A selection of photographs from one of the earliest celebrity photographers are due to go on display at the National Portrait Gallery in central London.
The pictures, taken by German-born Emil Otto Hoppe, who died in 1972, will take their place next to portraits of royalty in the major new exhibition.
Hoppe took photos of some of the most prominent people of his day in the 1920's, including King George V, Prime Minister David Lloyd George, Italian dictator Benito Mussolini and the Duchess of York, later Queen Elizabeth the Queen Mother.
One of the highlights at the exhibition will be a portrait of the dancer Vaslav Nijinsky in character as the Rose from the Ballets Russes' Le Spectre de la Rose during the company's 1914 visit to London.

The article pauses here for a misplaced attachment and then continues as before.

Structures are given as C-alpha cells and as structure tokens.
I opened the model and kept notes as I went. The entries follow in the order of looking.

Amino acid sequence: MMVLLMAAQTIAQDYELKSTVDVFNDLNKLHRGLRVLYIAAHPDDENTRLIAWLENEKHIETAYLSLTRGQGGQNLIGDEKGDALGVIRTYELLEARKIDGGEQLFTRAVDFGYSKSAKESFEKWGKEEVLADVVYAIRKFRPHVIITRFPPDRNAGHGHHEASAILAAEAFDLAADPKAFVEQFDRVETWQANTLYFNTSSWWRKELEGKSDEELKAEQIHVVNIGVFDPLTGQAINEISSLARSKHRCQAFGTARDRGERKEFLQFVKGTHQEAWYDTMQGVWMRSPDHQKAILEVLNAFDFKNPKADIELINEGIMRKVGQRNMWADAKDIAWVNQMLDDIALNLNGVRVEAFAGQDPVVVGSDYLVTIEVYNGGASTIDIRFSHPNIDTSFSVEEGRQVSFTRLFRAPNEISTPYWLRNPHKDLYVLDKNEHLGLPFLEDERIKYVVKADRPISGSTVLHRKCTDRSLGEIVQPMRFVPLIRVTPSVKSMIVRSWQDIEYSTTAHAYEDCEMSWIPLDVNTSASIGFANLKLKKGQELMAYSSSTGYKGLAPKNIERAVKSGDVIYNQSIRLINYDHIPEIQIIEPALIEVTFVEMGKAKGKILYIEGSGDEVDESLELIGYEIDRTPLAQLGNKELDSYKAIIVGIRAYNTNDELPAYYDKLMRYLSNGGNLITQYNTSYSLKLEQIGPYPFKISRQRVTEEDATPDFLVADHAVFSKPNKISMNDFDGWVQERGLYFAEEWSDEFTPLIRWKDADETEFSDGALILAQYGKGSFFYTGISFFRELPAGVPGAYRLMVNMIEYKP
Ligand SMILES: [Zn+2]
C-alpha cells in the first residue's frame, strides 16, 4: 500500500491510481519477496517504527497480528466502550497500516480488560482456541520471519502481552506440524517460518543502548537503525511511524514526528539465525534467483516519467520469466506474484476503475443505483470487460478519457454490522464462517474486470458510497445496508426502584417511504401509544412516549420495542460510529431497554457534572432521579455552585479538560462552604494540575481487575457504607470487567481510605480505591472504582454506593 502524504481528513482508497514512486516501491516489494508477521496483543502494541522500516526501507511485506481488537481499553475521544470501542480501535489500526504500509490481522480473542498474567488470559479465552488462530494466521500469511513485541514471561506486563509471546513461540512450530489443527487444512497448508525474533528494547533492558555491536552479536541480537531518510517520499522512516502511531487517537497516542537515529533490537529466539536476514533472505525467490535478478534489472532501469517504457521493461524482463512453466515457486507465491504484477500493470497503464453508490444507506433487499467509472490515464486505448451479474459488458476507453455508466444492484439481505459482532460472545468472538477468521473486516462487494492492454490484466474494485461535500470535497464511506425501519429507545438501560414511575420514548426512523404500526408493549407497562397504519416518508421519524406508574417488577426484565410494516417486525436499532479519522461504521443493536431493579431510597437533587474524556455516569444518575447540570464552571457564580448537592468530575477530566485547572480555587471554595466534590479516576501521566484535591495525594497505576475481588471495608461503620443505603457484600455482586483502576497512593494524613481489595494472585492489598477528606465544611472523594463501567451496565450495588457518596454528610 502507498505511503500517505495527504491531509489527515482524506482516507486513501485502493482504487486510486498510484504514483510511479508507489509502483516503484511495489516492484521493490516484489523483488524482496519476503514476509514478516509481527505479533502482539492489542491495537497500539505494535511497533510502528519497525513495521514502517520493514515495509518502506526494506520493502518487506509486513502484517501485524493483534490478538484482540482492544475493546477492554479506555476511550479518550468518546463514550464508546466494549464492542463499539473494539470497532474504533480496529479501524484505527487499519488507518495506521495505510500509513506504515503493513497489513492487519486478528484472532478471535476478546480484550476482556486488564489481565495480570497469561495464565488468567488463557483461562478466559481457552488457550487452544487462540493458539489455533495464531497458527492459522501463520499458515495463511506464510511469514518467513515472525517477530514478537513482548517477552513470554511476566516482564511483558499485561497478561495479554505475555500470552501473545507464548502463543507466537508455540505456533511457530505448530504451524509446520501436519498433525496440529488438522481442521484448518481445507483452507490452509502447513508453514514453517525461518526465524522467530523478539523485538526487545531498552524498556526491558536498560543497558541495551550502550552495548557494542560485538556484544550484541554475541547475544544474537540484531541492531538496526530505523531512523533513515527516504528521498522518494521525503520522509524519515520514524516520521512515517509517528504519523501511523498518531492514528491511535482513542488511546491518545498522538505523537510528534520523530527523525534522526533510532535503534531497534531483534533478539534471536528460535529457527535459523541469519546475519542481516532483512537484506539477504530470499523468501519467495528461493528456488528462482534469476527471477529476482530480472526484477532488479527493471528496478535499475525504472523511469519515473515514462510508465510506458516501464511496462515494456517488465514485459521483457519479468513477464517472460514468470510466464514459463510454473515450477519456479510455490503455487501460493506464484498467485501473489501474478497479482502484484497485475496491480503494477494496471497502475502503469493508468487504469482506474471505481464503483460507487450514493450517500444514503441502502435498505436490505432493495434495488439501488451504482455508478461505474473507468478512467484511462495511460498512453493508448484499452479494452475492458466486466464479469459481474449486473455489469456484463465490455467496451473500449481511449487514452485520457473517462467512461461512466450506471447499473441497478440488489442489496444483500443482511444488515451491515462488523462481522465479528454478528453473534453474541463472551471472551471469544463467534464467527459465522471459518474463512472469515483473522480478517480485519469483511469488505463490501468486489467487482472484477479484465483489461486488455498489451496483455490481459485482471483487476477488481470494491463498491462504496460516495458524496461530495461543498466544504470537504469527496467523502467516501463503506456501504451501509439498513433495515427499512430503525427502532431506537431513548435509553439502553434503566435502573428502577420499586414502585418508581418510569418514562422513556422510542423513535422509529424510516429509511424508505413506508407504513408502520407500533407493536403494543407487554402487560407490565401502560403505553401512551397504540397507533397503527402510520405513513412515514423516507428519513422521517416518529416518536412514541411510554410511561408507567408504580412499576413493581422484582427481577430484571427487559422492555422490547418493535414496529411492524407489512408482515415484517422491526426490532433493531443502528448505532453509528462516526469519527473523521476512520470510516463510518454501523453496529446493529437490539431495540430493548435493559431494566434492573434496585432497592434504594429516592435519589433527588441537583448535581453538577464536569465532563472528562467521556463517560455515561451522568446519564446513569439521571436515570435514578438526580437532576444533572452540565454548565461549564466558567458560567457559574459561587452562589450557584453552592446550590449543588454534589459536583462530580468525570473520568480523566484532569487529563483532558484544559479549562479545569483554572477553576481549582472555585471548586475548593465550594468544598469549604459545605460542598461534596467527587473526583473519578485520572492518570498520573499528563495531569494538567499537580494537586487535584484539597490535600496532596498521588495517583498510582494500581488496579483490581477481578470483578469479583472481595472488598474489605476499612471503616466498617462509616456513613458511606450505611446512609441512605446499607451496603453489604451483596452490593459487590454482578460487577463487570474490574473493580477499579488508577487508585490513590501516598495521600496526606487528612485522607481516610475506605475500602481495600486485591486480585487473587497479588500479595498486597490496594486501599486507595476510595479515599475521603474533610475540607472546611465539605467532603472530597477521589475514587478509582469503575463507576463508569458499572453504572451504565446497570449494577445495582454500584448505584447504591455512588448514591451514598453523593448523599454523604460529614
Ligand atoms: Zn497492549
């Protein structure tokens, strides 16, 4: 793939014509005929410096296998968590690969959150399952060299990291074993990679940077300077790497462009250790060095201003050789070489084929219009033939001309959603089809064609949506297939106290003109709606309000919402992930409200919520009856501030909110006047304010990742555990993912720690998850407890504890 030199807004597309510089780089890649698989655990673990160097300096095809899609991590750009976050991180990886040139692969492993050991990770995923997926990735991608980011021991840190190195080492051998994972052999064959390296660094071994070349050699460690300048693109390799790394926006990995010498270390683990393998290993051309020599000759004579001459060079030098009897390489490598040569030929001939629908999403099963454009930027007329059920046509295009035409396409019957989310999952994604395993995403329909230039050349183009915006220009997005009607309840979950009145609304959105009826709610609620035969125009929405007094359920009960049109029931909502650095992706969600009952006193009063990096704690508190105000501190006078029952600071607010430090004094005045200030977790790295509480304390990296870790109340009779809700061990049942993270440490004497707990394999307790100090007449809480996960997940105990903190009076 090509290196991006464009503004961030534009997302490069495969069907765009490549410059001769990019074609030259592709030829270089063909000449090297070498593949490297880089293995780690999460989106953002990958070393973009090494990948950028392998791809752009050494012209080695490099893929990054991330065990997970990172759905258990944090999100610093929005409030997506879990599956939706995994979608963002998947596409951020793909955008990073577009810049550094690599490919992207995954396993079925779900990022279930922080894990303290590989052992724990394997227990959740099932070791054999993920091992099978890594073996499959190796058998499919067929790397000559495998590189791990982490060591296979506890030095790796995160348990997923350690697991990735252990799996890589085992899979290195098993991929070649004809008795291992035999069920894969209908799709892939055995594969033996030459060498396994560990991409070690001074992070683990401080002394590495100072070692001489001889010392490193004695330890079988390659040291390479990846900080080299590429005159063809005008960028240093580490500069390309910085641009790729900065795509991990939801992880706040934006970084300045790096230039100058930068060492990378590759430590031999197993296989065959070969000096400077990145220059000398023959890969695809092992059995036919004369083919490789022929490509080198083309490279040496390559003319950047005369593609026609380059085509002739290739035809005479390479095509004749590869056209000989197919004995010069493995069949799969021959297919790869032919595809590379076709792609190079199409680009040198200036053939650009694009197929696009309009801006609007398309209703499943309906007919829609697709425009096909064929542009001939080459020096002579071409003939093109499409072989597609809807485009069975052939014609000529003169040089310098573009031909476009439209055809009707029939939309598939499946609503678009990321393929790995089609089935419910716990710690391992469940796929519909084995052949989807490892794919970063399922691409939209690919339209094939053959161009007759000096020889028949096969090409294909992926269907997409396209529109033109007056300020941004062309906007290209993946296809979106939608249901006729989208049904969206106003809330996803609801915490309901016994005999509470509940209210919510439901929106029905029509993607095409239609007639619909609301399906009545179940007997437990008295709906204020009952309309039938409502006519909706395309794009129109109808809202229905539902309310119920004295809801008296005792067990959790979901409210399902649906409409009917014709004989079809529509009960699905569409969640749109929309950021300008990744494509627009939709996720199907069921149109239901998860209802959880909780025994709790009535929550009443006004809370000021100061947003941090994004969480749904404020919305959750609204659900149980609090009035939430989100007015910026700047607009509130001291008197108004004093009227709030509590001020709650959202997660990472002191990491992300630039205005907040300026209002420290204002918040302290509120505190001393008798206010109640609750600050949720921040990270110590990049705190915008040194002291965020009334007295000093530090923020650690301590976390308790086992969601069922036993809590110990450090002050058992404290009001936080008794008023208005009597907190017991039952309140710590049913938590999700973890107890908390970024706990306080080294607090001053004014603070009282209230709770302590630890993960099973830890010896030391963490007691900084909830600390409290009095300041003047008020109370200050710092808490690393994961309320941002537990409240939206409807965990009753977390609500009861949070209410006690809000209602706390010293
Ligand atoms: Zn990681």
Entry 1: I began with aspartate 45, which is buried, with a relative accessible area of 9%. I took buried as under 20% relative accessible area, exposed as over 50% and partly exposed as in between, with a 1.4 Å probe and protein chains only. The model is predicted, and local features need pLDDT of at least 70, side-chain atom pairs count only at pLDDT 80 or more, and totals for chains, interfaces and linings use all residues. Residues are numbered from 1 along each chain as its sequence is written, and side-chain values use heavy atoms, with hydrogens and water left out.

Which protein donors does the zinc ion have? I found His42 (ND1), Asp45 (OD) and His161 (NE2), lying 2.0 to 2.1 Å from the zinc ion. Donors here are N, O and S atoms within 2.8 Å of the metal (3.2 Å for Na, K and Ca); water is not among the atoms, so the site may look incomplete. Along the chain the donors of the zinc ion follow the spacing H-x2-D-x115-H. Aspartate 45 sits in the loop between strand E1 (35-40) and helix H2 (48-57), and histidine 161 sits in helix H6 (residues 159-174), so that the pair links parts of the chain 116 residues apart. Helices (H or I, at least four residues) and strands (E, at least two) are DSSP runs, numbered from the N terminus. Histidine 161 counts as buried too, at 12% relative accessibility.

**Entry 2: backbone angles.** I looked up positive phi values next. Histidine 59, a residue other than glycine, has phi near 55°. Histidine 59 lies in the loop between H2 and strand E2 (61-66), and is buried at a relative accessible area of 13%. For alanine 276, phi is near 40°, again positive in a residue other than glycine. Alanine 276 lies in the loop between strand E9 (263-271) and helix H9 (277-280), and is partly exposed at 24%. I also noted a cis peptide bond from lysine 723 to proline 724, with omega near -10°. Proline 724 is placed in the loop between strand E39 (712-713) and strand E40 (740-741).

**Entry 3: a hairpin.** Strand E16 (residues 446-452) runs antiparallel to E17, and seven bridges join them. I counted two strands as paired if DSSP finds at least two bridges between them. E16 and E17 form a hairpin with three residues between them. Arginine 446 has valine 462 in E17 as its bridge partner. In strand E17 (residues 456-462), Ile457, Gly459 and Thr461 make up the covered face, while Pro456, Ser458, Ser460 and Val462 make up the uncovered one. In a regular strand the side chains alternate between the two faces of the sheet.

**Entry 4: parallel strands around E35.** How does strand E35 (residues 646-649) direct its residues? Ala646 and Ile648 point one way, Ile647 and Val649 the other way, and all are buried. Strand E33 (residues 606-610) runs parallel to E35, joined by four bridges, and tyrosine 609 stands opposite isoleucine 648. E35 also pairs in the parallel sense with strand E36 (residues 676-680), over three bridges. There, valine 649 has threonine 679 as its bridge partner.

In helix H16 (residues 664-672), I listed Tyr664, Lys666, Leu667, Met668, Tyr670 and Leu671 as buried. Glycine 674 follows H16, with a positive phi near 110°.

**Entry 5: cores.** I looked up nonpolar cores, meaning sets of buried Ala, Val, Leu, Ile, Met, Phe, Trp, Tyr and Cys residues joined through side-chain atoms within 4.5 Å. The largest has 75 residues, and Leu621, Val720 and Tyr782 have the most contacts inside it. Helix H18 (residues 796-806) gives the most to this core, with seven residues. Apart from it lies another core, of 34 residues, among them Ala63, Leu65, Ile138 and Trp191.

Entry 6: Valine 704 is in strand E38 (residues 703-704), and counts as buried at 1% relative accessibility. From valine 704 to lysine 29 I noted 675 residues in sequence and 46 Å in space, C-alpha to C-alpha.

Hoppe also took pride in his shots of ordinary people taken on the streets of London, which included images of the homeless, night watchmen, buskers and tattoo artists.
He said he wanted to “make a record of the various distinctive types which one used to see in London streets but which were rapidly vanishing as a result of the changing conditions.”
The National Portrait Gallery will be hosting the exhibition, which is the first major exhibition dedicated to Hoppe in more than 30 years, from 17 February to 30 May 2011.